Outlook: The road to the "New Normal"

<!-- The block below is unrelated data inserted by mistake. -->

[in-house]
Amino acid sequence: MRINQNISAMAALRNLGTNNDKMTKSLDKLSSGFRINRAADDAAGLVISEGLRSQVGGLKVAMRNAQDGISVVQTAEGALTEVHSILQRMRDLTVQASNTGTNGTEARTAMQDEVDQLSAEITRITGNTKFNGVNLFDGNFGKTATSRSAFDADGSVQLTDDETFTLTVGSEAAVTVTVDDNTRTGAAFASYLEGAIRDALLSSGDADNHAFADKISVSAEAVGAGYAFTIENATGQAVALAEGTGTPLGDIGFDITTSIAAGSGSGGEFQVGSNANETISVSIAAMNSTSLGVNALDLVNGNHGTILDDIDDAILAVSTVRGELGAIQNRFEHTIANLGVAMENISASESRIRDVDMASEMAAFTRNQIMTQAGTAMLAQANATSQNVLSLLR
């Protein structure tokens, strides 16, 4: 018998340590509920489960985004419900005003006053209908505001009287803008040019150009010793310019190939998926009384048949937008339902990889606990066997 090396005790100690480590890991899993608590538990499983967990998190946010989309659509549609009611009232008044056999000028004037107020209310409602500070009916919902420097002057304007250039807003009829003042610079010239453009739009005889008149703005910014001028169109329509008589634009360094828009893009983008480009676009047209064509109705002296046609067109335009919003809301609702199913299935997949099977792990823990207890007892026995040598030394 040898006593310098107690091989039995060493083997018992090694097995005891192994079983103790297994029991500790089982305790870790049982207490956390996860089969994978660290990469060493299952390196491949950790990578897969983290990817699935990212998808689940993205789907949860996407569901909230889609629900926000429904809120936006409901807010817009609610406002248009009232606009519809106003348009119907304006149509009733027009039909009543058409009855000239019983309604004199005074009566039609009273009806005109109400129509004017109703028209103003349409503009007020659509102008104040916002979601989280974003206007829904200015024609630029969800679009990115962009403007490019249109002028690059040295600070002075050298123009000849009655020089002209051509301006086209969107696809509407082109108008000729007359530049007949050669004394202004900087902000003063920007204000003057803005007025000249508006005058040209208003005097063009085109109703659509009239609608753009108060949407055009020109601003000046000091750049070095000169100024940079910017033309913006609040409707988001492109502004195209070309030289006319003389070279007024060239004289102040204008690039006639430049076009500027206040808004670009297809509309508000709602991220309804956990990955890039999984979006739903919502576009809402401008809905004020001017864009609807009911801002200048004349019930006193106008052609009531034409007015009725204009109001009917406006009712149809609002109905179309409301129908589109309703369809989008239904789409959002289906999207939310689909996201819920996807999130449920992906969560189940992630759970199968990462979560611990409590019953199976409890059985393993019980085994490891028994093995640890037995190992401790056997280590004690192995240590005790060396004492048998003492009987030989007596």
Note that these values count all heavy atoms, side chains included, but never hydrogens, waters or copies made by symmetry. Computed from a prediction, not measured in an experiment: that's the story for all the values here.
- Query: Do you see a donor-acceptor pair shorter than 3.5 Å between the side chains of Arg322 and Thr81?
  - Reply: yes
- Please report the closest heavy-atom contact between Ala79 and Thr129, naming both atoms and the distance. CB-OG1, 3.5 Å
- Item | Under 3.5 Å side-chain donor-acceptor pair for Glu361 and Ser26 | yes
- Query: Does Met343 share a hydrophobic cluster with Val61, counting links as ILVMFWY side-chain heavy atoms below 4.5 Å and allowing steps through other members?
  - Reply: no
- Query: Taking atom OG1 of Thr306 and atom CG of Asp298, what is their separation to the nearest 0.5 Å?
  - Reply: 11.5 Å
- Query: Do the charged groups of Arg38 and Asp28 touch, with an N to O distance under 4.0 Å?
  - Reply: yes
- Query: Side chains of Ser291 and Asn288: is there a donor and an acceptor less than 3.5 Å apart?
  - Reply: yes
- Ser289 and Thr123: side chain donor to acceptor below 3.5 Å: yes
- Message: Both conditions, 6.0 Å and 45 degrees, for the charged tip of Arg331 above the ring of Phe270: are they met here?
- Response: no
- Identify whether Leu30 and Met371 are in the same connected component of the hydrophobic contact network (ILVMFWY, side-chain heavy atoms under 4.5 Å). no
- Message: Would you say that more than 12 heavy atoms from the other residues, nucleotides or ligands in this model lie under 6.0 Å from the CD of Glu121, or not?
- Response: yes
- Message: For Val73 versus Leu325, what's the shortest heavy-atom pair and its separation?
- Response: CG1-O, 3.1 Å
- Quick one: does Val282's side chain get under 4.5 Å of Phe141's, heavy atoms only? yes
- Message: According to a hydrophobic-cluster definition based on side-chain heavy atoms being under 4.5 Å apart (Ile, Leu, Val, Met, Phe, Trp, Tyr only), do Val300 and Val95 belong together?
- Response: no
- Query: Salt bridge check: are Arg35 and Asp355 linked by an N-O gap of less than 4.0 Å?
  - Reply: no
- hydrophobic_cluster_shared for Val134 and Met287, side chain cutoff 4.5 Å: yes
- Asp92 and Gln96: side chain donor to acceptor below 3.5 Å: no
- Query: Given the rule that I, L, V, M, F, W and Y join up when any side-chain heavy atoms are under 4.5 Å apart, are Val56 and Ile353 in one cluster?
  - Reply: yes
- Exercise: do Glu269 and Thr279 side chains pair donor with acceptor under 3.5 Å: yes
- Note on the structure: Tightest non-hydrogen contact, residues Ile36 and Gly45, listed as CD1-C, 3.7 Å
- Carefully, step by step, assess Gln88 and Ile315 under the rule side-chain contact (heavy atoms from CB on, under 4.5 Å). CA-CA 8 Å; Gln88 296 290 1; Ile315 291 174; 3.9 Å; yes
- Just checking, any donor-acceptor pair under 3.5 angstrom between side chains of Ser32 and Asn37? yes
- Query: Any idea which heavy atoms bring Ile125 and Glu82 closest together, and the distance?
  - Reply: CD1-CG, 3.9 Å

“Even if it is not yet possible to estimate when the time will come, we at Majorel are already asking ourselves today what the day-to-day work in the service centre after Corona will look like and are preparing the individual steps,” says Wollenberg. “On the one hand, this includes the preparations at our service center locations: How can hygiene and clearance rules be implemented in the long term? What capacities result from the distance rules? How many employees can return, how many will continue to work from home in the medium term? On the other hand, the return of the employees must be planned. “Furthermore, the necessary IT support structures must be ensured on site to make the transition as smooth and efficient as possible. When deciding which employees should return to the service centre and which should continue to work from home in the future, the Majorel experts recommend developing a catalogue of criteria. At Majorel, the criteria used by the customer service representatives range from the willingness of individual employees to work from their home office and their performance values in the home office, to membership of a risk group and childcare options, to individual characteristics and skills such as flexibility and self-discipline. In the case of specialists and managers, on the other hand, criteria such as availability, type of tasks, technical requirements and the complinace risk of the individual area of responsibility apply. “In shift planning, we are currently focusing heavily on hybrid models, in which work-at-home and service center work is divided, as well as rotating models. We currently assume that 15 to 20 percent of our workforce will continue to work in the home office in the future. As a result of the crisis, the need for home office solutions on the employee side has increased within a very short time. And in the past, it has been shown that crises also change the wishes and needs of employees in the long term. Now that the first hurdles have been cleared and many customers have made their first positive experiences, the acceptance of the topic will also be higher on the side of our clients after Corona. The possibility to work in customer service from the home office will be part of a ‘New Normal’. “Offering work-at-home solutions to your customer service employees creates new possibilities for companies in terms of employee management, but also opportunities for recruiting. That’s why Majorel Consulting has expanded its range of consulting services and now also advises companies on the successful implementation of work-at-home solutions in customer service.